When does the pursuit of perfection end? More so, does it end with a bang, or an anticlimactic whimper that elevates you to a realm of peace and contentment? The answers elude me, as always, but I have a feeling the guys at Skoda know what I’m on about and if they’re reading this, they probably have a wry, knowing smile. Shed some light, won’t you, guys?
Getting back to the point: The new Superb. I’m a big fan of the way it looks, to be honest. I’m not, of the current Superb, if I’m honest again. There’s not a line out of place and it’s a stupendous effort at making the others look relatively drab. Right from that lovely grille to the way the eyes have been fit in and the beautiful detailing at the rear, it’s hard to not be sold on the work done here the moment you see it. There’s purpose in its stance, and a swagger that’s unmistakable even on the inside. Functional, to-the-point, and classy would be the words of choice to describe the cabin.
I’m going to harp on this once more: It’s perfect. The steering’s lovely to grip, you’re surrounded by quality switchgear, the touchscreen works like a charm, the instrument console has just the right amount of readouts, and at all times you’re mollycoddled by the seats into absolute bliss. The Superb is a rolling equivalent of a pick-me-up in a cruel and trying life. It’s not just the front I’m focusing on, either. Thanks to the kind of setup we have here in India, a fair few owners will buy cars like the Superb to lounge around at the back and there’s an immense amount of space to allow just that. It’s like one of those recliners that cost roughly four buckets of popcorn at the movies, really. I’d have liked a bit more thigh support but that’s no deal breaker.
What, then, of the way it drives? The options available to us on the drive were the 1.8-litre TSI with a 6-speed manual and the 2.0-litre diesel with the 6-speed DSG auto. Now, thanks to a bit of a crunch with the amount of people on the press drive, it was a bit hard to get impressions on both, so this review will focus on the petrol manual only. The one we got was the base Style trim that is a bit down on features compared to the full-fat L&K variant, but the way it moves will make you forget about any perceived shortcomings. What you need to keep in mind are the following numbers: 177 bhp and 32.6 kgm fed to the front wheels, while the automatic gearbox-equipped TSI produces the same power and a slightly lower amount of torque (25.4 kgm). What you now need to do is forget about those numbers because it has absolutely no bearing on the way the Superb drives. Yes, they’re ample figures for a premium sedan that weighs slightly less than 1.5 tonnes, but the Superb lulls you into a sense of utter serenity with the way it goes about things. Our drive in Coorg took us through some long highway stretches, ridiculously twisty ghat roads and even a road that questioned the very existence of the word ‘Smooth’. The Superb did its bit, keeping us happy and engaged, and in case you’re of the opinion that we took it easy right through, you’d be as wrong as the blokes who felt that the world would be razed to, well, absolute nothing-ness by 2012. The way the 1.8 TSI responds to your inputs when you’re attempting silly speeds is nothing short of inspiring. You show it an arrow-straight stretch to stretch its legs and it will oblige in a way much like a Labrador would if you chucked a frisbee in the air. Show it a wrecked road and it will shrug off most, if not all, irregularities. Show it a few corners and it will, well, okay, it’ll understeer a bit when you’re pushing hard, but how much can you expect of a front wheel-driven effort with the amount of power it’s putting out? It’s honestly a bloody well put-together car, the Superb. Have one go in it and you’ll have a better understanding of what I’m saying.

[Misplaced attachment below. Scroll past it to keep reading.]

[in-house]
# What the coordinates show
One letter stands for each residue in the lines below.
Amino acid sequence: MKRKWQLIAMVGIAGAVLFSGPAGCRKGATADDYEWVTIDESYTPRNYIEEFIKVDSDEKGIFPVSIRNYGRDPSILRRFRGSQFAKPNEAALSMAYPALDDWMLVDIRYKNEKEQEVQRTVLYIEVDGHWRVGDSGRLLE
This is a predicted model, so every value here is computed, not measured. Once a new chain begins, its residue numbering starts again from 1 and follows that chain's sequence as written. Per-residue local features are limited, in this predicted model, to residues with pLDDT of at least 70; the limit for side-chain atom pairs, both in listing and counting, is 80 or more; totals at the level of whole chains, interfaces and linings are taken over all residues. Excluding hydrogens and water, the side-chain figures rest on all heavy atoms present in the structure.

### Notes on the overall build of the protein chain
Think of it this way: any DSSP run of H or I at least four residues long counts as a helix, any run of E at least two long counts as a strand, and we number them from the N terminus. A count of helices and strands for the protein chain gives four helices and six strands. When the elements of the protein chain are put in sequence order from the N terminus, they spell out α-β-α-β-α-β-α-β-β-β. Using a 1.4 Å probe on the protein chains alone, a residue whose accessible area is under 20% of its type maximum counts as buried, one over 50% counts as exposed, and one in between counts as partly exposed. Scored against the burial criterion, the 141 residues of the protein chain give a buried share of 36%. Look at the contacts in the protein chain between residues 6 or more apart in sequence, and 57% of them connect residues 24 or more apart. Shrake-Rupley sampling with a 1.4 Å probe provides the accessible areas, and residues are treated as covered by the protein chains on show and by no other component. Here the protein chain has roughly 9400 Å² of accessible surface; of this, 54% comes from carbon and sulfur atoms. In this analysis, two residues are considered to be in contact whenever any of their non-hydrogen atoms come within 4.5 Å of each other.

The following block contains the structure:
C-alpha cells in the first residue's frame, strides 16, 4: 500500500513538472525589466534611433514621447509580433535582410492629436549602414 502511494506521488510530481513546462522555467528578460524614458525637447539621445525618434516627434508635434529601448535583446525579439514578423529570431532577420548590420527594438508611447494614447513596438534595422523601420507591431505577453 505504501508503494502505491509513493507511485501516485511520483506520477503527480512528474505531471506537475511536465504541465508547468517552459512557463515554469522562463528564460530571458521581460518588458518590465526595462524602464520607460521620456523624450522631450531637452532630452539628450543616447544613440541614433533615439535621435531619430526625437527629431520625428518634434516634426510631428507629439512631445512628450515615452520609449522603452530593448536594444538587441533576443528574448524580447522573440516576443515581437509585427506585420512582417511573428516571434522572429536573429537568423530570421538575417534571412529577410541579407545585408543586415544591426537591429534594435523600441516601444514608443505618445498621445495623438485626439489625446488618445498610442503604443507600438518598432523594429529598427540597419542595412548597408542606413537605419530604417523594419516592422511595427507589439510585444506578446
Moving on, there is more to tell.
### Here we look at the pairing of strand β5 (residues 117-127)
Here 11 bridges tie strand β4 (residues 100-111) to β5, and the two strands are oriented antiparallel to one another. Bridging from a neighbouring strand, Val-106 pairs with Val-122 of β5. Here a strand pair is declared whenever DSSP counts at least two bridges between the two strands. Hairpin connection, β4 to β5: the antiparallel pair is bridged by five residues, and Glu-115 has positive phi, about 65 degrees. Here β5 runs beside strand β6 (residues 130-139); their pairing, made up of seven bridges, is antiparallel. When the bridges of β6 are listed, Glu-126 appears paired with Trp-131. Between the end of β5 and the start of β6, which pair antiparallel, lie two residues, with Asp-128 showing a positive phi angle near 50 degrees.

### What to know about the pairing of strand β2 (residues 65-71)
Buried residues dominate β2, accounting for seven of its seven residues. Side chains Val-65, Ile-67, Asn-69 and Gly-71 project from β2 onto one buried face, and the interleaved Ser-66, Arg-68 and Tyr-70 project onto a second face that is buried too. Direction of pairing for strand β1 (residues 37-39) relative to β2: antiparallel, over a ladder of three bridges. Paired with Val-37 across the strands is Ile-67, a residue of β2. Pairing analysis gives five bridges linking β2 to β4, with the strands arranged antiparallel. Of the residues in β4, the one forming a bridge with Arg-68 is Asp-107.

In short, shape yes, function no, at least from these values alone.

It’s really a no-brainer, then, isn’t it? I believe so, especially once you factor in Skoda’s prices for the Superb. They start at Rs 22.6 lakh for the one you see on these pages, stretching to Rs 29.37 lakh for the 2.0-litre diesel with the auto ‘box in the L&K trim. Brilliant, right? The only place Skoda’s stuttering a bit is when it comes to spares and service, which isn’t quite up to the mark yet. There is, of course, the faith that Skoda will pick things up in the months to come because it’s been promising just that, so that shouldn’t be a deterrent, either. This is it, then. This is a prime example of when the pursuit of perfection ends. Hats off, Skoda! Now where’s that long-termer?
Displacement: 1798cc, i-4, turbopetrol
Max Power: 177 bhp@4000-6200 rpm
Max torque: 32.6 kgm@1450-3900 rpm
Transmission: 6-speed manual
Type: Electric power steering, rack and pinion
(F/R): Independent, McPherson struts/coil springs
(F/R): 215/55 R17
L/W/H (mm): 4861/1864/1483
Kerb weight: 1494 kg
PRICE: Rs 22.6 lakh to Rs 29.3 lakh (ex-showroom, Delhi)